Archive for General Mills

General Mills Won’t Market Sugary Products to Kids.

General Mills, one of America’s most prominent advertisers, was praised by a family watchdog group for its advertising tactics.  The company, which was criticized for promoting unhealthy snacks towards children, has been following strict guidelines for advertising (and nutritional values) which state:

“No General Mills product containing more than 175 calories per serving may be advertised to children 12 or younger.” Furthermore, every product also must be considered “healthy” or provide an important childhood nutrient, as measured by government guidelines.

So while GM has the Trix Rabbit in its arsenal of advertising cartoons, it’ll be using the bunny to hock more responsible food choices.  Good on them.

Consumer group praises General Mills

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General Mills, Whole Grain Cereals.

In 2005, General Mills reformulated all of its cereals to include whole grains.  From Cheerios to Frankenberry, each cereal made the switch because GM decided it had a duty to produce healthier foods.  The linked article features the CEO of General Mills, in which he talks about his company’s responsibility to improve the health of its consumers.  An interesting read.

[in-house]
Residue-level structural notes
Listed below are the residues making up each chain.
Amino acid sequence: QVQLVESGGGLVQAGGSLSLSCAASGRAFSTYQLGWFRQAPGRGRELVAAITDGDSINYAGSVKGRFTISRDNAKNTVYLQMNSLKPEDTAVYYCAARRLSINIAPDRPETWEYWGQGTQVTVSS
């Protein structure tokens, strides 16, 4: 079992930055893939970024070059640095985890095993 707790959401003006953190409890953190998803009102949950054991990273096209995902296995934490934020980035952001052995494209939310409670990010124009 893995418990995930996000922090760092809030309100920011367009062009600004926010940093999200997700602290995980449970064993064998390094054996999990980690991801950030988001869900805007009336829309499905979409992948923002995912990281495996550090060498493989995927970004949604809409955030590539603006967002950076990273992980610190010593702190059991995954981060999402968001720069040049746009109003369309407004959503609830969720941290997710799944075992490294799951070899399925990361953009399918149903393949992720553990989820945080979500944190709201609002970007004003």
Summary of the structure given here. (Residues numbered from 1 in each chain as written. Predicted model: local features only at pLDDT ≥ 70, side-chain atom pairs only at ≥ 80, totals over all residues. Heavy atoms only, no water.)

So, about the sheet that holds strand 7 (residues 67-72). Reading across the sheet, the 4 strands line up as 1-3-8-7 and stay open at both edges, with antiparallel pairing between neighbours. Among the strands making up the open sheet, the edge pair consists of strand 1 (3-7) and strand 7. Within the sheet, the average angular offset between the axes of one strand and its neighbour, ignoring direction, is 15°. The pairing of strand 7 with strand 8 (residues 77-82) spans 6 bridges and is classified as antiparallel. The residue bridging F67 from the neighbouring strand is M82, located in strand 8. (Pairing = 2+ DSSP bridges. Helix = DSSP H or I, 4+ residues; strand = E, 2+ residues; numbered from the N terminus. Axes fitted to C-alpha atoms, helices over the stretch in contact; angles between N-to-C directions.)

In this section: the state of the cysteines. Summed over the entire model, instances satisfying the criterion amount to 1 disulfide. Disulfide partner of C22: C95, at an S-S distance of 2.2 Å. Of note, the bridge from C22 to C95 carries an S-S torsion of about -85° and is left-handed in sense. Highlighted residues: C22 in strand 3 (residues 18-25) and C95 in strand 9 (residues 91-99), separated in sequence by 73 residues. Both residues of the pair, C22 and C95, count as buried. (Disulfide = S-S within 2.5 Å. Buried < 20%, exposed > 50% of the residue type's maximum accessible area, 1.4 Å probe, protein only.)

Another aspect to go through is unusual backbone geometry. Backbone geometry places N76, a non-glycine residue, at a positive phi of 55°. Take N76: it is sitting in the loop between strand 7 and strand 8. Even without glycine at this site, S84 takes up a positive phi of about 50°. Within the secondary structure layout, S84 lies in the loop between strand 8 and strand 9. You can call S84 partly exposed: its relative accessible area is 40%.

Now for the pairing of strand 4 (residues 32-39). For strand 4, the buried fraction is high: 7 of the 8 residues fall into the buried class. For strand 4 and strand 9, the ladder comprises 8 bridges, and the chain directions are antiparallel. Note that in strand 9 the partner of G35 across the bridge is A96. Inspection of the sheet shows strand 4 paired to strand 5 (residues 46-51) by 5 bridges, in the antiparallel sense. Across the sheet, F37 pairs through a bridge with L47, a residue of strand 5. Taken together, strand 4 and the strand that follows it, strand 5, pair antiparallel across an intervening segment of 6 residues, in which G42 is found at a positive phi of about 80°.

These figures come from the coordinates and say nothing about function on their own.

General Mills has a duty, CEO says

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General Mills Enjoys Profit Gains.

General Mills SymbolIn an article printed in the New York Times on September 21st, it was revealed that General Mills’ quarterly profits rose 5.9%, partly due to its cereal line (Lucky Charms, Cheerios, etc).  The link below requires you to register (for free) to the NYT website, which is why I’ll post the most important piece of the article below):

“General Mills said in June that the coming year’s performance would depend on cheaper gas and grain and higher cereal sales. It got the higher cereal sales, with Big G cereals rising 4 percent versus a year ago. Gas prices have dropped, though not in time to help first-quarter results.”

Cereal Sales Help General Mills’ Profits

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